This is the first point which I would like to highlight. Though Professor Hempton has made a similar move in his other lectures, I believe it is especially effective in the context of ‘the Protestant International,’ and by extension, the study of evangelicalism as a whole. As the term ‘evangelical’ has come to encompass such a wide range of individuals and denominations, numerous scholars have begun to question whether the term itself might be obsolete. Indeed, as Molly Worthen has noted, given its lack of a central ecclesiastical authority, attempts to doctrinally define the term ‘evangelical’ necessarily yield flattened and incomplete pictures. Yet at the same time, the term remains ubiquitous in scholarly literature, and is a cherished descriptor for many Christians themselves. In light of this then, what I believe professor Hempton does so successfully in this lecture is suggest a mode of analyses which is flexible enough to capture the diversity of ‘evangelicalism,’ while at the same time, cohesive enough that the term ‘evangelical’ can still be convincingly operationalized.
Moving on, a second closely related point can be made in reference to Hempton’s discussion of John Nelson Darby and the development of dispensational premillennialism. Centered around the ‘node’ of County Wicklow and south County Dublin in the early nineteenth century, Hempton efficiently traces the nucleus of dispensational thought as it spread outwards, noting in particular its profound impact on American evangelicalism. Certainly, much attention has been paid to dispensationalism, its origins, and its impact on evangelicalism. But again, I believe it is important to focus on the strength of Hempton’s work here less in terms of a what and more in terms of a how . For especially in a Euro-American context, the groups which Hempton describes have so often been turned into analytical black boxes. Mapped onto the latter end of a ‘moderate – fundamentalist’ spectrum, such groups tend to be labelled anti-intellectual, thereby precluding analyses which seriously grapple with their ideas. In stark contrast though, Hempton’s work intentionally takes seriously the ideational aspect of this history in a manner which, together with careful contextualization, produces a unique, analytically rich picture.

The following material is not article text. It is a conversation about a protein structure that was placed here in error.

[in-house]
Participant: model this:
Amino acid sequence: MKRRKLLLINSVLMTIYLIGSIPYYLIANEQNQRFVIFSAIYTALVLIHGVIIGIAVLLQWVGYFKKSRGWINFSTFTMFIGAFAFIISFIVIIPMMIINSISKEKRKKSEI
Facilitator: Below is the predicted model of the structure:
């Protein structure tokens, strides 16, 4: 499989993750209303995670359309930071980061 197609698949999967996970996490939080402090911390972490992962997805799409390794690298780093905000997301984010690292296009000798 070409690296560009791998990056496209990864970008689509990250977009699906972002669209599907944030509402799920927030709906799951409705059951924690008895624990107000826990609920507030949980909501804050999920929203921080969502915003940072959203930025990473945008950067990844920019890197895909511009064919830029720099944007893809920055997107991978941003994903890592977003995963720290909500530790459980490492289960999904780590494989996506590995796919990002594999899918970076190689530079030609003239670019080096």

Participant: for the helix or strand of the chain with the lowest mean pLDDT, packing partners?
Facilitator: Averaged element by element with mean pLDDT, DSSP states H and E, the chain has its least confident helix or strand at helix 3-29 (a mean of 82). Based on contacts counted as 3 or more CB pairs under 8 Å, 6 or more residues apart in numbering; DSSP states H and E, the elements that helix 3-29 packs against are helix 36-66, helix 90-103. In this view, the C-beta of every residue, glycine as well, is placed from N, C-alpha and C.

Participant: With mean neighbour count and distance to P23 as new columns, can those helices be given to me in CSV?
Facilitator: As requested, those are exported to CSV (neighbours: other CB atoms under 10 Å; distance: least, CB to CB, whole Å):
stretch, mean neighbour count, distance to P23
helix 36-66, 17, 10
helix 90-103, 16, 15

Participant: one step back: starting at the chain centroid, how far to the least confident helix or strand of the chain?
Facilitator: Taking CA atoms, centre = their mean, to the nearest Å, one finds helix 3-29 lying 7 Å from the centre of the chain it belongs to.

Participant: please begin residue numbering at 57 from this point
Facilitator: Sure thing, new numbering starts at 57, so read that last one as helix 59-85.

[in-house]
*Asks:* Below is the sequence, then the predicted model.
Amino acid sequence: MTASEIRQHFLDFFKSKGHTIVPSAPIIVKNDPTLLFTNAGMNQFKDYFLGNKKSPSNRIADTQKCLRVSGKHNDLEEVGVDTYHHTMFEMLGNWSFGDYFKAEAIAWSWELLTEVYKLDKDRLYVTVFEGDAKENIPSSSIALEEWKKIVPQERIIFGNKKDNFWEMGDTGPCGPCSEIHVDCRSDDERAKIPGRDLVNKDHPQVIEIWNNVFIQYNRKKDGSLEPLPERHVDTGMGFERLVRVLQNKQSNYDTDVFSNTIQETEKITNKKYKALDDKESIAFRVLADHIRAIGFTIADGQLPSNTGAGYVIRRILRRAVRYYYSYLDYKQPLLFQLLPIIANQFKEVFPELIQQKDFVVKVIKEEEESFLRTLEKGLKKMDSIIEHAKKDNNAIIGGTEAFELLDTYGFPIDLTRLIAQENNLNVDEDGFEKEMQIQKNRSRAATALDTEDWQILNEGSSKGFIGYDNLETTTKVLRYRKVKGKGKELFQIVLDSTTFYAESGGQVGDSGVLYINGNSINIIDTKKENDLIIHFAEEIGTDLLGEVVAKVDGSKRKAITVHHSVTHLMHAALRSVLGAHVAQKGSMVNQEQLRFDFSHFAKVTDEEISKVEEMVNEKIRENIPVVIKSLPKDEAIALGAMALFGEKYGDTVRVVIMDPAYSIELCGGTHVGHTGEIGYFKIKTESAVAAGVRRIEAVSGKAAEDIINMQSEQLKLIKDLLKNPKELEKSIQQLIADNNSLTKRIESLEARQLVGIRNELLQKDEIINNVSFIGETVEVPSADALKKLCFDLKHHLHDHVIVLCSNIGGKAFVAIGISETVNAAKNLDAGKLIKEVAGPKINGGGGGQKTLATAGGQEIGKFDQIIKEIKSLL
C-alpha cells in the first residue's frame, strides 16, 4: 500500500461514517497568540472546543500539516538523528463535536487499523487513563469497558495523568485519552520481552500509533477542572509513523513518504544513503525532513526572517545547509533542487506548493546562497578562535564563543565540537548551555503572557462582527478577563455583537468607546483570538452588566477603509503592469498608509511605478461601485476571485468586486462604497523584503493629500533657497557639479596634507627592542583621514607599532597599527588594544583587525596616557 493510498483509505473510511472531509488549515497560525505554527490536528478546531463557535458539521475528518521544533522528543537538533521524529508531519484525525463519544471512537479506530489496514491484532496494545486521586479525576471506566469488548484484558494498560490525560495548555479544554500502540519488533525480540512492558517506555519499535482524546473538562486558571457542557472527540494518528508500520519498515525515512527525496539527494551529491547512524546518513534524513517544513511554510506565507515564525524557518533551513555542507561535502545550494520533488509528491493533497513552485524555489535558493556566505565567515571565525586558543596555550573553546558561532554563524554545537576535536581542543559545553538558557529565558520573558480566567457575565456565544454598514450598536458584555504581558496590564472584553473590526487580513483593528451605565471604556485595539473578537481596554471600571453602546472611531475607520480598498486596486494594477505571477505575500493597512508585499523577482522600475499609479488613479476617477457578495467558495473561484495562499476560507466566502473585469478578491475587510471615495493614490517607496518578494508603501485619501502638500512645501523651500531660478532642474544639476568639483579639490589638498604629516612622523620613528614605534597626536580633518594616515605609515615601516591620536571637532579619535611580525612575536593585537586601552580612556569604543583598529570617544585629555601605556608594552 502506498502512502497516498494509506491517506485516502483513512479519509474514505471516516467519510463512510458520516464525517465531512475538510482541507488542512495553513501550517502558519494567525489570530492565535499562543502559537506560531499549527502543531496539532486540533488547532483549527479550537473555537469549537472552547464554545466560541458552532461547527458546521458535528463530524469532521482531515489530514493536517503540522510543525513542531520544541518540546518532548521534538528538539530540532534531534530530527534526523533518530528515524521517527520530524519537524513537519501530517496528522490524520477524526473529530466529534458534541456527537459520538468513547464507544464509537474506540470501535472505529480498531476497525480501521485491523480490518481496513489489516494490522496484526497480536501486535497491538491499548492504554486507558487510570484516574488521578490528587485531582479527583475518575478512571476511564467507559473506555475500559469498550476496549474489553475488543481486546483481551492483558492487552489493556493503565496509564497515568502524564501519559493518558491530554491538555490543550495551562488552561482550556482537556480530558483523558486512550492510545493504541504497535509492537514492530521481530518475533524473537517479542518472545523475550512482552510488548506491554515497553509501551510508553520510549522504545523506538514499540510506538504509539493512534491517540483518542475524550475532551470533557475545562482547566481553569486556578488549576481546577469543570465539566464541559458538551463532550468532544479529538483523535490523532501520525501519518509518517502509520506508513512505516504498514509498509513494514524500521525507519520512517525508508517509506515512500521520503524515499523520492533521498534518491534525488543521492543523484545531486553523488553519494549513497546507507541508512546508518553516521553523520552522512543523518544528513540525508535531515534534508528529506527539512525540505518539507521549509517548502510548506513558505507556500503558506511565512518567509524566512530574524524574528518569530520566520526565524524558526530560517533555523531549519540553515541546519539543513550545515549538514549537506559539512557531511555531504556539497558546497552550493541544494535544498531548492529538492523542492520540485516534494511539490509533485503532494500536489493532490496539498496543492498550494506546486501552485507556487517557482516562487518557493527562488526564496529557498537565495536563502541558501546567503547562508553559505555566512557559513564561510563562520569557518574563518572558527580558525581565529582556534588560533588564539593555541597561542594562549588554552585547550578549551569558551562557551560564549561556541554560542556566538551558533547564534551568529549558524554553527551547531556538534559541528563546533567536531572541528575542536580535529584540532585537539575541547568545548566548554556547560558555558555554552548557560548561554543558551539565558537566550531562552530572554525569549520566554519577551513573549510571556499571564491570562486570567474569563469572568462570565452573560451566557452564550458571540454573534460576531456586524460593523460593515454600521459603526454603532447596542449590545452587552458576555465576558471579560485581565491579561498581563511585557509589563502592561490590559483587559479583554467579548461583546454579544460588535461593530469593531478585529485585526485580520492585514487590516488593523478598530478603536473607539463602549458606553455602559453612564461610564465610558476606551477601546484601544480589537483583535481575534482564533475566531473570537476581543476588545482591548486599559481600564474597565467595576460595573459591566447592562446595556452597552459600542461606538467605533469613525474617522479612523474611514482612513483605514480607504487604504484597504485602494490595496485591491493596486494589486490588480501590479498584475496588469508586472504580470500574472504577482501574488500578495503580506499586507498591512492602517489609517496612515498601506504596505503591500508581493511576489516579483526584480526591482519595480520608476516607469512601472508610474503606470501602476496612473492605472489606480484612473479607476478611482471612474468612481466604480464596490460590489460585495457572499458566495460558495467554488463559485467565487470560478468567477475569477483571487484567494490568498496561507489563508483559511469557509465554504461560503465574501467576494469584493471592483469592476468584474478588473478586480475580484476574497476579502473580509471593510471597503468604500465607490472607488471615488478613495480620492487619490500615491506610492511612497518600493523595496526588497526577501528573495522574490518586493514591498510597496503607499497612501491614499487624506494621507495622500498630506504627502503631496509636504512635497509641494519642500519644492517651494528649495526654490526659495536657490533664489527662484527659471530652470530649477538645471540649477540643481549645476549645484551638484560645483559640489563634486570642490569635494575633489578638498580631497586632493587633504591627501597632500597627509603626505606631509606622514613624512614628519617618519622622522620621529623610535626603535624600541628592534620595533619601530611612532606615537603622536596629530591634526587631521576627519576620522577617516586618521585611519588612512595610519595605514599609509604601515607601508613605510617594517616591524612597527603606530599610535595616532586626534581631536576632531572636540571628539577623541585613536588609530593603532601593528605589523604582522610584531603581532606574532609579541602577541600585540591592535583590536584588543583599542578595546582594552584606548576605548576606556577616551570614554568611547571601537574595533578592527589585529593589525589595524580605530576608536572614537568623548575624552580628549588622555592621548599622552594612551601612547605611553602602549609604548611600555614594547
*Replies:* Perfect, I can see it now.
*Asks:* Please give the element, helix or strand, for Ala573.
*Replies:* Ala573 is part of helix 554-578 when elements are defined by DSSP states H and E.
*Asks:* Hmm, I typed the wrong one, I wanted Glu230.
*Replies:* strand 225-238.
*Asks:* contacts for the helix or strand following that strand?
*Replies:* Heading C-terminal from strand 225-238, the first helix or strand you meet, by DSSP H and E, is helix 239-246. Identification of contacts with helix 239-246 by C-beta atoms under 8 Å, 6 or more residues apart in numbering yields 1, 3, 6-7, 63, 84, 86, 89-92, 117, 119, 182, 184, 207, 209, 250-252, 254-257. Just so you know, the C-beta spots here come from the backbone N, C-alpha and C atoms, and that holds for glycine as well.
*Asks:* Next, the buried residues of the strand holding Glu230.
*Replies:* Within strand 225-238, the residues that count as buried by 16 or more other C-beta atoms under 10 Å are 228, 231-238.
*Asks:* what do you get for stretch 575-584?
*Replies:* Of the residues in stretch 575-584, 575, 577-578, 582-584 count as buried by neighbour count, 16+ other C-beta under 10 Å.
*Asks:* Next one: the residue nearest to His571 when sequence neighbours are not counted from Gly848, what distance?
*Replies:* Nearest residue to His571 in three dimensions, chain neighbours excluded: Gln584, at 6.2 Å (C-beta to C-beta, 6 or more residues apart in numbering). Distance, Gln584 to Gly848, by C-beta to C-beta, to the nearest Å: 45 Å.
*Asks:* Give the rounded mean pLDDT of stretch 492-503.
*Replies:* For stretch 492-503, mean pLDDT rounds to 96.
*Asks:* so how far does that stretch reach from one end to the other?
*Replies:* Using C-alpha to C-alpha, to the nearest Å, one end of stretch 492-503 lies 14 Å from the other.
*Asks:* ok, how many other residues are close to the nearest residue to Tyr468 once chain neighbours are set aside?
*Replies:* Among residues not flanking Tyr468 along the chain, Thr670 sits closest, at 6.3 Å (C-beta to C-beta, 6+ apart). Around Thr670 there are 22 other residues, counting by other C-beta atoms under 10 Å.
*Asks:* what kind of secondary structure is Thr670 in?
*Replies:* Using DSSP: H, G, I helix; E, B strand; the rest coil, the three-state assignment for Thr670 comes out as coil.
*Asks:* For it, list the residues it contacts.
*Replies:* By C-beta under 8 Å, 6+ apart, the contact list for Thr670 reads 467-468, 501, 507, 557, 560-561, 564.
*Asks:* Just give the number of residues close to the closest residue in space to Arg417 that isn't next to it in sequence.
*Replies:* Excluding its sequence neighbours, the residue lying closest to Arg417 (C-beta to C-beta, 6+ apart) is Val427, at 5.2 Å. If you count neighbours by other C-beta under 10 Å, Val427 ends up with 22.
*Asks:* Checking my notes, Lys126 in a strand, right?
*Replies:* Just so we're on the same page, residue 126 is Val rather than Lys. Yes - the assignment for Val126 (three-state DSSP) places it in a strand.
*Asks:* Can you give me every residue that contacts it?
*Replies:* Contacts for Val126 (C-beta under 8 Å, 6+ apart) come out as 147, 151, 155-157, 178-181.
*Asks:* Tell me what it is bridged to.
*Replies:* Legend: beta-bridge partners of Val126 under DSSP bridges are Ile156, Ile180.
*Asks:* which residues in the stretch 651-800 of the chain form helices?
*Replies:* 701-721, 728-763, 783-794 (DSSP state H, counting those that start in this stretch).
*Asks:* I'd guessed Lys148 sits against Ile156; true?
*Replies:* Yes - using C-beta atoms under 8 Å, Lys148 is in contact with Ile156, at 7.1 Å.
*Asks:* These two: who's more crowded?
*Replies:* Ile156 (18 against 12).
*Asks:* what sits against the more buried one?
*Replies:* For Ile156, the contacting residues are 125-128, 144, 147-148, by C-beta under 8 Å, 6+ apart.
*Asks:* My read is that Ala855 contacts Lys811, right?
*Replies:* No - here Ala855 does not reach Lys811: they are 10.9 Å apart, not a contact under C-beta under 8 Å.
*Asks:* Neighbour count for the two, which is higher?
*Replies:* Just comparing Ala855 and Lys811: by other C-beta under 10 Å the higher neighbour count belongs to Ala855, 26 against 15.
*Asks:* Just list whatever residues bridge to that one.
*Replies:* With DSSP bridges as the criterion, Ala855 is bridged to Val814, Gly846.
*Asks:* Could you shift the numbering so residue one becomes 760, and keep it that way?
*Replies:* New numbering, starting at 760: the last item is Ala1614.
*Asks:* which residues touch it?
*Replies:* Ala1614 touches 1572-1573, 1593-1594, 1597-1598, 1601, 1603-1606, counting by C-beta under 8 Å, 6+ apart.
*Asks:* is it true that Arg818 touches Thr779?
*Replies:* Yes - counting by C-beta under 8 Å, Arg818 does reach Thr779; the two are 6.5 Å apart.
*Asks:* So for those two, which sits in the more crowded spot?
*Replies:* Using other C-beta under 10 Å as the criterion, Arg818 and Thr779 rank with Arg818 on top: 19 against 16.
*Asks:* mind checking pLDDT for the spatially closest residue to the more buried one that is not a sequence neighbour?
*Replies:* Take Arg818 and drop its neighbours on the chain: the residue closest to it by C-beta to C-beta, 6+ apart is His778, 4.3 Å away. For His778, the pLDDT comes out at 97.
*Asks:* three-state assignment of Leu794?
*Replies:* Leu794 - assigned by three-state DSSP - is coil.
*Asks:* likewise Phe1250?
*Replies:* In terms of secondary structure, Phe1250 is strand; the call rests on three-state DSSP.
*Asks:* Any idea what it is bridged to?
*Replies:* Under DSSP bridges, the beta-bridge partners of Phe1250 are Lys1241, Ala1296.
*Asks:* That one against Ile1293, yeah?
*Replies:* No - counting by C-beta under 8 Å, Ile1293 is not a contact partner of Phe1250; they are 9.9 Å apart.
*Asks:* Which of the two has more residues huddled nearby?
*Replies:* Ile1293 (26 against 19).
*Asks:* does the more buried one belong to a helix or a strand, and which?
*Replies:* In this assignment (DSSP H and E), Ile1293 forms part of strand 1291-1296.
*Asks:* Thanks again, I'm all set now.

Finally, Professor Hempton’s discussion of Pentecostalism’s global advance illustrates a third strength of the lecture. This is its acknowledgement of the paradoxes and ambiguity of the history it treats. Narrating the spread of Pentecostalism, Hempton makes clear the importance of events in the United States to the Pentecostal movements that emerged in Africa, Asia, and South America, yet does so without making the latter derivative of the former. In this way, something which Hempton’s work does so well here is to avoid the pitfalls of an uncritical post-colonialism. One which ironically denies agency to those it claims to ‘liberate’ by policing the boundaries of ‘authenticity,’ thereby acting as a form of governmentality no less invested in the management of ‘native’ subjectivities than the colonialism it ostensibly opposes. Similarly, Hempton also engages the ambiguity of women within this history. Noting the unique opportunities for leadership afforded to women throughout the history of Pentecostalism – and indeed of ‘the protestant international’ more generally – he also forthrightly acknowledges the reality of these movements as deeply patriarchal.
This final strength notwithstanding though, it is this ambiguity which it would be interesting to see Hempton explore further. For while he does explicitly acknowledge that ‘none of the transformations dealt with…can be understood without a deep understanding of the economic, social, and political conditions which shaped them,’ there is also a tendency to juxtapose formal institutions with informal ones in a way which can obscure how power operates freely across such divides. To put this more directly, and to use the above example of Pentecostalism and anti-colonialism, while this by no means invalidates the agency of individuals to genuinely adopt and inhabit Pentecostalism as something on their own terms, it is nonetheless also important to consider the profundity of a kind of epistemological power bound up in colonialism and Protestant missions that has the ability to shape the grammar both of its supporters and opponents.